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Government & Politics

Gloves Come Off in Prince George’s County Over Super PAC Mailer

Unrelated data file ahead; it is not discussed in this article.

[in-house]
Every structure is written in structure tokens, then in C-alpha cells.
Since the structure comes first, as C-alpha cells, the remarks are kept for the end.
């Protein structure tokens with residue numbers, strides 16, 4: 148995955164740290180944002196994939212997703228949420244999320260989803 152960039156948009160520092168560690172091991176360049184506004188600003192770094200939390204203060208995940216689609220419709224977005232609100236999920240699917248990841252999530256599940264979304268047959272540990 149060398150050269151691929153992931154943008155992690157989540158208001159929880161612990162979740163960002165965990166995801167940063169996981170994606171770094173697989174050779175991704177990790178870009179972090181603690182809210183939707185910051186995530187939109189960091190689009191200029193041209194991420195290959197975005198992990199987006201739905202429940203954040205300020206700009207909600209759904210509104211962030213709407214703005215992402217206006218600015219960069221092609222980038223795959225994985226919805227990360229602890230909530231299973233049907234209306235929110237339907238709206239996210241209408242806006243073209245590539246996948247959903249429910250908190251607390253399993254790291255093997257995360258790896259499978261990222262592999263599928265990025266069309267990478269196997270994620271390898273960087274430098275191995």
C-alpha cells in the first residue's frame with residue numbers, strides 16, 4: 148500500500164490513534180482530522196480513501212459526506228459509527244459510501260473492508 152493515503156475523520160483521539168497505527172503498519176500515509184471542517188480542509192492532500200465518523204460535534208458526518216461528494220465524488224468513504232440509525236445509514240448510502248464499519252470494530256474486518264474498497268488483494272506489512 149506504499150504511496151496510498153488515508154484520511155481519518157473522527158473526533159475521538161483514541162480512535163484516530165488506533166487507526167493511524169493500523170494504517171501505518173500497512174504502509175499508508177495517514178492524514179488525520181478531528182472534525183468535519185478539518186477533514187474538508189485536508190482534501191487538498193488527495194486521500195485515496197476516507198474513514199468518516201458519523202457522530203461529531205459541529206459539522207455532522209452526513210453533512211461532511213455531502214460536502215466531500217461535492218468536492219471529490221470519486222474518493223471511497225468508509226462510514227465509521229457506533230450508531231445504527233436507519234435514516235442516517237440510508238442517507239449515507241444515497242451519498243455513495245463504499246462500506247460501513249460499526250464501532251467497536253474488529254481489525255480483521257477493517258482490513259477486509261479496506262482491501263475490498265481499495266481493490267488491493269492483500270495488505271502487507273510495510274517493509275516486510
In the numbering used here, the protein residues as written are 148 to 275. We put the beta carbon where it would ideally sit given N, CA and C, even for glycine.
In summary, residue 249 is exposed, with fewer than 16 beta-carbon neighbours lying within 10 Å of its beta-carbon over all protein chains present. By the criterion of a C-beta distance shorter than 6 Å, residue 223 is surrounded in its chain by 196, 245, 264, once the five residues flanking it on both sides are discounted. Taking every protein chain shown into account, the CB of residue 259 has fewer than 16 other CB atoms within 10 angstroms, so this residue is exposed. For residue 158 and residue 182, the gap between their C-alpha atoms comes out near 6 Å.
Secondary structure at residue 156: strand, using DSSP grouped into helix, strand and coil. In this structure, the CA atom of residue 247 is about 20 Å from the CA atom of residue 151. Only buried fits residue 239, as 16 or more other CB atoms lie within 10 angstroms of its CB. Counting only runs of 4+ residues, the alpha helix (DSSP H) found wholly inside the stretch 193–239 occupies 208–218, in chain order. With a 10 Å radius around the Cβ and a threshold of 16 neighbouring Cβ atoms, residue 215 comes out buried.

Angela Alsobrooks